Spain

Claire Jones

European Central Bank data, out Thursday, showed that the amount of cash that businesses and households are parking in Spanish banks rose in September for the first time since the spring.

Deposits held by Greek and Italian banks also rose last month, while those parked in German banks dipped slightly.

One swallow does not make a summer. But residents of the Eurotower will be cautiously optimistic that the fact that banks in Greece and Spain are no longer haemorrhaging deposits shows that one of the aims of the ECB’s Outright Monetary Transactions programme is being fulfilled with the central bank yet to buy a single bond. Read more

The cost of rehabilitating the Spanish banking sector is partly behind Moody’s decision to downgrade Spanish government debt from Aa1 to Aa2 today. The rating has been left with a negative outlook, meaning a further downgrade is likely within two years if there is no improvement. Moody’s also completed its review of Greek debt with a three notch downgrade earlier this week. It seems the agency has saved the most sensitive review – that of Portugal – till last; it is due out before March 21 but is more likely to appear next week.

Moody’s decision completes a set of Spanish downgrades by all three main ratings agencies in recent weeks. S&P downgraded to AA (equivalent to Moody’s Aa2) on February 1, and Fitch downgraded to AA+ (equivalent to Moody’s Aa1) on March 4. Reasons given: Read more

Moody’s rating agency has just downgraded Greece’s government bonds to B1 from Ba1, placing the debt on negative outlook, meaning further downgrades are likely. The move takes Greek debt from borderline junk to “highly speculative” territory.

Fitch and S&P still rate Greek debt three notches higher at BB+ (the equivalent of Ba1, Moody’s previous rating), but this might not last long. Fitch last downgraded on January 14 and has a negative outlook on the rating, while S&P last downgraded in December but has the rating on credit watch negative (meaning a downgrade is imminent, if there is no material improvement). Read more

Spanish banks could be €50bn short of new capital requirements, says Moody’s, revising its previous estimate of €17bn based on old requirements. This is roughly 5 per cent of Spanish GDP and considerably higher than the Spanish government’s estimate of €20bn.

Overall savings banks’ exposure to the real estate sector is €217bn, by Bank of Spain data. Of that, €100bn, or nearly half, is considered “problematic”. €28bn are under surveillance and considered risky; a further €28bn are more than 90 days past due; and €44bn are foreclosed. Problematic indeed. The most troubling sentence from the Moody’s report is that just 40 per cent of the €217bn loan exposure is collateralised by finished, completed housing:

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As expected, Moody’s has downgraded Spain, three months after placing the sovereign on downgrade watch. Fitch and S&P downgraded Spain’s debt in late Spring, and S&P still rates Spanish debt below its peers.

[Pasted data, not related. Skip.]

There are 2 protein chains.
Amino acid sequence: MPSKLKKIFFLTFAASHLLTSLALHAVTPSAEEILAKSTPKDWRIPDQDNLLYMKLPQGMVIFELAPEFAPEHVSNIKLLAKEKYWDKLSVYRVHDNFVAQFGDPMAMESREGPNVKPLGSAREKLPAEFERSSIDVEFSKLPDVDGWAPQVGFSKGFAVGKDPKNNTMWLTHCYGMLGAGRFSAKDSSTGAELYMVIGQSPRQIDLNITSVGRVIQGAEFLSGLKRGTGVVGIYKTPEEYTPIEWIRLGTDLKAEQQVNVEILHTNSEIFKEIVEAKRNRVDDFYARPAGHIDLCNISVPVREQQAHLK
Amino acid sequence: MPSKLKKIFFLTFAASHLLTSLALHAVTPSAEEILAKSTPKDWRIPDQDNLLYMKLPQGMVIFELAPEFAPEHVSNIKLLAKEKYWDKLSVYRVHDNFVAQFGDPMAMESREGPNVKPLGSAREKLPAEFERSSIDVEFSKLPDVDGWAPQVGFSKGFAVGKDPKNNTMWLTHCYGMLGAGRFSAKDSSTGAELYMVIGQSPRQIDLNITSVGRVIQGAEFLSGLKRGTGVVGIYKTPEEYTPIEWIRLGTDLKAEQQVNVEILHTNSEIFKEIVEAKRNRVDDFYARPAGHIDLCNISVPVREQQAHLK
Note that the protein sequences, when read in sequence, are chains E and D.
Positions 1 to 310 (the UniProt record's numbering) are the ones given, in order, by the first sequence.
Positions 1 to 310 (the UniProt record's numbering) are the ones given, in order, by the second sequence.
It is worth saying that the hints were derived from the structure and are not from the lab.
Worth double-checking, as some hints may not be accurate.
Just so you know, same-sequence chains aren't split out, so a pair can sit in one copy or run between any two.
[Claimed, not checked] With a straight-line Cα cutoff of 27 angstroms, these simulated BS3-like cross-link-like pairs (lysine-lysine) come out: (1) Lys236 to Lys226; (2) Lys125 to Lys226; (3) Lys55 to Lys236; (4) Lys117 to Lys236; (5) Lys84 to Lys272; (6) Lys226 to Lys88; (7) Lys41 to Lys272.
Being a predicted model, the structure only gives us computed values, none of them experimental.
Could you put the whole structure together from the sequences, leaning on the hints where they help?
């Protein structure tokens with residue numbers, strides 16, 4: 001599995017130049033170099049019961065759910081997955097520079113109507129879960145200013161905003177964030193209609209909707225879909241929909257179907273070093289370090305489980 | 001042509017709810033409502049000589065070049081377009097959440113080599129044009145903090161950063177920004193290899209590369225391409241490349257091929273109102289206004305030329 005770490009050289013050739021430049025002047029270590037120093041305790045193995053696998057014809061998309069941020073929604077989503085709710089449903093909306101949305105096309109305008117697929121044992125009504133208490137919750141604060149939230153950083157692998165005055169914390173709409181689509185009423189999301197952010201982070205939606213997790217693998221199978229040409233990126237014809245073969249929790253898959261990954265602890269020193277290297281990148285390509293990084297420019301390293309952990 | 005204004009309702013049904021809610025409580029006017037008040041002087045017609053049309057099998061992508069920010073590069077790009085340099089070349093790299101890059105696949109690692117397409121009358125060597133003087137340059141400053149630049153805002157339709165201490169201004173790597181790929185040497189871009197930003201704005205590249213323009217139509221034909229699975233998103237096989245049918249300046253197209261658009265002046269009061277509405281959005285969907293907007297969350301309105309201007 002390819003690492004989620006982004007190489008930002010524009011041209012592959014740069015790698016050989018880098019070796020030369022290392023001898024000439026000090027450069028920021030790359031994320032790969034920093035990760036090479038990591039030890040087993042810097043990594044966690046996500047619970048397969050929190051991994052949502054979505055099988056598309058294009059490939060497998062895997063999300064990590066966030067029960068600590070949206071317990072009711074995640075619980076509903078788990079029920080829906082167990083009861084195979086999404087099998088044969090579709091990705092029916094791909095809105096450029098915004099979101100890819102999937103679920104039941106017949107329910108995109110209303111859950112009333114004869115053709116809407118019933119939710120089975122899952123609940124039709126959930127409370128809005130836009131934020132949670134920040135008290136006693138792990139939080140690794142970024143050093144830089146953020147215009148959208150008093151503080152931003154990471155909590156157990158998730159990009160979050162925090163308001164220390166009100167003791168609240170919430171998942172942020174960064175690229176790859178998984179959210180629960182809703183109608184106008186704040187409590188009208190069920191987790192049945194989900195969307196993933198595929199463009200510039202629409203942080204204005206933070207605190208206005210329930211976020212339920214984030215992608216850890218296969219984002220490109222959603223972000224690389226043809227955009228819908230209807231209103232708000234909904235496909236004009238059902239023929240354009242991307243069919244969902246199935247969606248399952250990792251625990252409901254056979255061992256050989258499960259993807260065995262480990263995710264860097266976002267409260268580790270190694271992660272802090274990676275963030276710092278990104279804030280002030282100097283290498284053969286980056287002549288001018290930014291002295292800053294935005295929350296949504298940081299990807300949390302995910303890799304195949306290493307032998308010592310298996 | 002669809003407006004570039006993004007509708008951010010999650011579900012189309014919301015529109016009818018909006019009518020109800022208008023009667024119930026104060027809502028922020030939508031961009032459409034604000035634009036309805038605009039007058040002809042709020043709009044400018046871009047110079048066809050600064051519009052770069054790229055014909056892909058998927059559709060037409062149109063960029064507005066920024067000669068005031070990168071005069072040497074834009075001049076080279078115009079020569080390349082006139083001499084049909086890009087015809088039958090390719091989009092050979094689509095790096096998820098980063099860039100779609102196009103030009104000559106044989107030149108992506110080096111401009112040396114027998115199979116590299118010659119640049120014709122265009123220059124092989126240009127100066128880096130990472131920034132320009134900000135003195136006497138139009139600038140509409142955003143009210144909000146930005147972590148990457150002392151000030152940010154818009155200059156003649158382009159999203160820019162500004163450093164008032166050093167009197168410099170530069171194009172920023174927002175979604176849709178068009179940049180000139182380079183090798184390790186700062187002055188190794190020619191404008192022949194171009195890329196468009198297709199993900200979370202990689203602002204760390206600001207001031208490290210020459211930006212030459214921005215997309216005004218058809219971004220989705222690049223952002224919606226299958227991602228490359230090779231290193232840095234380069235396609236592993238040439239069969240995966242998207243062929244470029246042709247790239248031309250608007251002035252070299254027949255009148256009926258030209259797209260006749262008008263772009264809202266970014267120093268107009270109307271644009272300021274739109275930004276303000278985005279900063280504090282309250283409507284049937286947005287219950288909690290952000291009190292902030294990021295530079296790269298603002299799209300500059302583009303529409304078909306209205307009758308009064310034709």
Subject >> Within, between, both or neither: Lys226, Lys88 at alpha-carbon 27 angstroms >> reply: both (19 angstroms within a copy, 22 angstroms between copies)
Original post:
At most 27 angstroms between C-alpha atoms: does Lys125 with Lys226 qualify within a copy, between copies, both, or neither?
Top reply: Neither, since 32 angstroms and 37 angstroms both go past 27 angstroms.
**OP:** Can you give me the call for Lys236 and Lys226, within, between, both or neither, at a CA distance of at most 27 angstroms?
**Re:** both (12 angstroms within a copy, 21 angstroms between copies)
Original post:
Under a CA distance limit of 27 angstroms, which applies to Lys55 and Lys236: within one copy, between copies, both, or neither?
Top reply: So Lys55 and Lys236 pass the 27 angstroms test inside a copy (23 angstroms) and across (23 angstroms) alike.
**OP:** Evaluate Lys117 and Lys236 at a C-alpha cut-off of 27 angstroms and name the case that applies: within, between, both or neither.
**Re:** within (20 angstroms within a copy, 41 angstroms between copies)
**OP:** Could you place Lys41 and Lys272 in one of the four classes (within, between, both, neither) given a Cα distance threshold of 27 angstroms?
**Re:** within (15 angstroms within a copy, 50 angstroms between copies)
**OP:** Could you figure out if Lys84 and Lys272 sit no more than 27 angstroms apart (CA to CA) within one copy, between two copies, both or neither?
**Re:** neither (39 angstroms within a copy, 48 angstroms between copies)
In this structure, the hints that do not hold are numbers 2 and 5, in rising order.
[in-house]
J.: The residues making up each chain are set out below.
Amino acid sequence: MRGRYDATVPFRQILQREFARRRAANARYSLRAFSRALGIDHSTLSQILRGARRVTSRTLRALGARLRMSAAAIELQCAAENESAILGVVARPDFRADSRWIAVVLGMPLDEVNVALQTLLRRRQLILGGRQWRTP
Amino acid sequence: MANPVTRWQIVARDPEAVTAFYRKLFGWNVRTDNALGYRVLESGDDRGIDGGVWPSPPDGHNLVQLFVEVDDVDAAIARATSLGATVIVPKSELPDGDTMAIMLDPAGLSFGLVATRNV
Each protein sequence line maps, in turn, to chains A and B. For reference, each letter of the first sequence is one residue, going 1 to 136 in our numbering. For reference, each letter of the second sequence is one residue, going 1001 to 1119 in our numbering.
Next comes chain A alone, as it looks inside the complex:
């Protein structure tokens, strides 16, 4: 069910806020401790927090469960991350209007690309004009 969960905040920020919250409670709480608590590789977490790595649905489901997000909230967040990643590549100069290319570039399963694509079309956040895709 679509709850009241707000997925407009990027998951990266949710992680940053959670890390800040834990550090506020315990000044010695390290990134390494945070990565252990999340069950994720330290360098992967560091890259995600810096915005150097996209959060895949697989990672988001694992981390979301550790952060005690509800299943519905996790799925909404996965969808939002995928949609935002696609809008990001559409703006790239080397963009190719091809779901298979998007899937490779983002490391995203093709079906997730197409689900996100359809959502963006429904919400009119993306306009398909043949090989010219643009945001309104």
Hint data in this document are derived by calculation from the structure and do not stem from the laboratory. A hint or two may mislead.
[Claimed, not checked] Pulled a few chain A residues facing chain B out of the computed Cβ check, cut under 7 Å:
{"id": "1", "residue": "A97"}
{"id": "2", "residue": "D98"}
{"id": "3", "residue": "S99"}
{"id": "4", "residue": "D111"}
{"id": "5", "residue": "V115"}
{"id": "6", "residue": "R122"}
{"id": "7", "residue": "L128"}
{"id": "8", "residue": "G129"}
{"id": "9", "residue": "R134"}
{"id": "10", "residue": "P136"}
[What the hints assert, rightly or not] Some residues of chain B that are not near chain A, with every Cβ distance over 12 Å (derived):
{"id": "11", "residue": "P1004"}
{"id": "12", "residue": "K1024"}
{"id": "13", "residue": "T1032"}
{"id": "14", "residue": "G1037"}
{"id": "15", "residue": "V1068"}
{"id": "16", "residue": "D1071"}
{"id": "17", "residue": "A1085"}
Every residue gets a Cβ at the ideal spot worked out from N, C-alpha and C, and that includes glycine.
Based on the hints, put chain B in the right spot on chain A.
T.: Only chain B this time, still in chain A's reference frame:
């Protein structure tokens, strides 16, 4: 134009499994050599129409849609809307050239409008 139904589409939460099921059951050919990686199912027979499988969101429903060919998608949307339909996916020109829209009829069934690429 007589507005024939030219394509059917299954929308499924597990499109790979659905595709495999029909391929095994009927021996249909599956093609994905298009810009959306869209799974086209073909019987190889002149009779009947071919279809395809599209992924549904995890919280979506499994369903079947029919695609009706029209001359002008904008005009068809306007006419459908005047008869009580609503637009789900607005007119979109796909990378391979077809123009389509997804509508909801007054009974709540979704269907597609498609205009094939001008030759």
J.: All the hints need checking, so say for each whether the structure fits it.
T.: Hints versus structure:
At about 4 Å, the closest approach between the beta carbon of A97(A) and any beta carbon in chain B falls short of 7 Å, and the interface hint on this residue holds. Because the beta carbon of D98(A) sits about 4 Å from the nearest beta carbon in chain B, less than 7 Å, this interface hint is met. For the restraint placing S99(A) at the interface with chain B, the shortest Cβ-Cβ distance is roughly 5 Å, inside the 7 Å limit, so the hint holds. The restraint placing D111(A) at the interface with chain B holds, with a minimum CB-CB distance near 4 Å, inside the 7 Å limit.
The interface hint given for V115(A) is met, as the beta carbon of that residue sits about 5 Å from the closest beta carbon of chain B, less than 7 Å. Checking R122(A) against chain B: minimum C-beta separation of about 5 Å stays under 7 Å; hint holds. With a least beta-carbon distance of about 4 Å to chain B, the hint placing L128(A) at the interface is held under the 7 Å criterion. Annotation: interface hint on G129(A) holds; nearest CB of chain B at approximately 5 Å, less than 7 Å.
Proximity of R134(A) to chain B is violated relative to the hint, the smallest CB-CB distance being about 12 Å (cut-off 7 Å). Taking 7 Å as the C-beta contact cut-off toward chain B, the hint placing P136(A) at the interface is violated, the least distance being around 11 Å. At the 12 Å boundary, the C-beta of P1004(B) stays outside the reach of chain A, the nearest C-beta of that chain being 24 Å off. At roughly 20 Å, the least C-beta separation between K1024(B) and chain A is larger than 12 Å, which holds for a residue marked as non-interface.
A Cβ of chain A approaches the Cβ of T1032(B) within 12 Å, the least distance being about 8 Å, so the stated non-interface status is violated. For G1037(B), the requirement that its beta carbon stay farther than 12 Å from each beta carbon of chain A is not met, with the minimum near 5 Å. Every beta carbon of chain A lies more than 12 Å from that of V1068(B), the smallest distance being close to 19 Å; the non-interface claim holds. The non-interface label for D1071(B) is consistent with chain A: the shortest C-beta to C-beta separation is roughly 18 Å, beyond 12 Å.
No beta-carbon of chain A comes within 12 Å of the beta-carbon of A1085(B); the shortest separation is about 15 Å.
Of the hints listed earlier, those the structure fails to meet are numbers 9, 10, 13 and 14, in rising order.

Spanish debt is still rated above the rest of the PIIGS by Moody’s. PIIGS sovereign debt runs from Ba1 for Greece to Aa1 for Spain. Moody’s order runs: Greece, Portugal, Italy = Ireland, Spain. Fitch and S&P rate PIIGS’ sovereign debt in the same rough order, though at different levels. Click on the graphic to play with our interactive sovereign ratings graphic.

The current debt trajectory of the US may imperil the country’s future Aaa rating, Moody’s has said.

Steven Hess, senior credit officer at the ratings agency, told Bloomberg the US needed a strategy to tackle its deficit: “Having a clear plan certainly increases confidence and the U.S. doesn’t have that yet… the debt trajectory as it is now is something that might potentially cause us to consider whether the US is Aaa at some point in the future.” Read more

Ralph Atkins

Spanish banks have been lobbying the European Central Bank to act to ease the systemic fallout from the expiry of a €442bn ($542bn) funding programme this week, accusing the central bank of “absurd” behaviour in not renewing the scheme.

On Thursday, the clock runs out on the ECB financing programme – the largest amount ever lent in a single liquidity operation by the central bank – under the terms of the one-year special liquidity facility launched last summer. One senior bank executive said: “We are fighting them every day on this. It’s absurd.” Read more

Greece was so last month. As attention shifts to Spain, one argument runs that the country will receive greater concern from ‘core’ European countries than Greece. But why? Read more

** corrected at 16.40 to read “in the near future” instead of “next few days”

Spain’s central bank has thrown down the gauntlet to bank regulators elsewhere in Europe, saying it plans to publish the results of “stress tests” on the country’s financial institutions in the near future to clear up doubts about Spain’s banking system. (Berlin has also dropped resistance to the plan.) Read more

Attention is focusing on Spain. Dominique Strauss-Kahn – who’s in the region anyway, apparently – will take the opportunity to visit the country on Friday to discuss the economy with the PM.

Agenda items might include Spanish sources of debt, following a disappointing bill auction on Tuesday, highest government bond yield spreads since the mid-90s, and data from RBS showing that Spanish institutions’ net borrowing from the ECB is at an all-time high (see chart). Note that the Spain is bucking the euro area trend, which has seen total euro area net borrowing fall by a sixth since its April 2009 peak of €629bn. The white line shows Spain’s borrowing as a proportion: now at a high of 16.5 per cent. High borrowing from the ECB suggests Spain is struggling to raise debt at reasonable rates elsewhere.

Spain is tackling problems in its economy. A raft of austerity measures Read more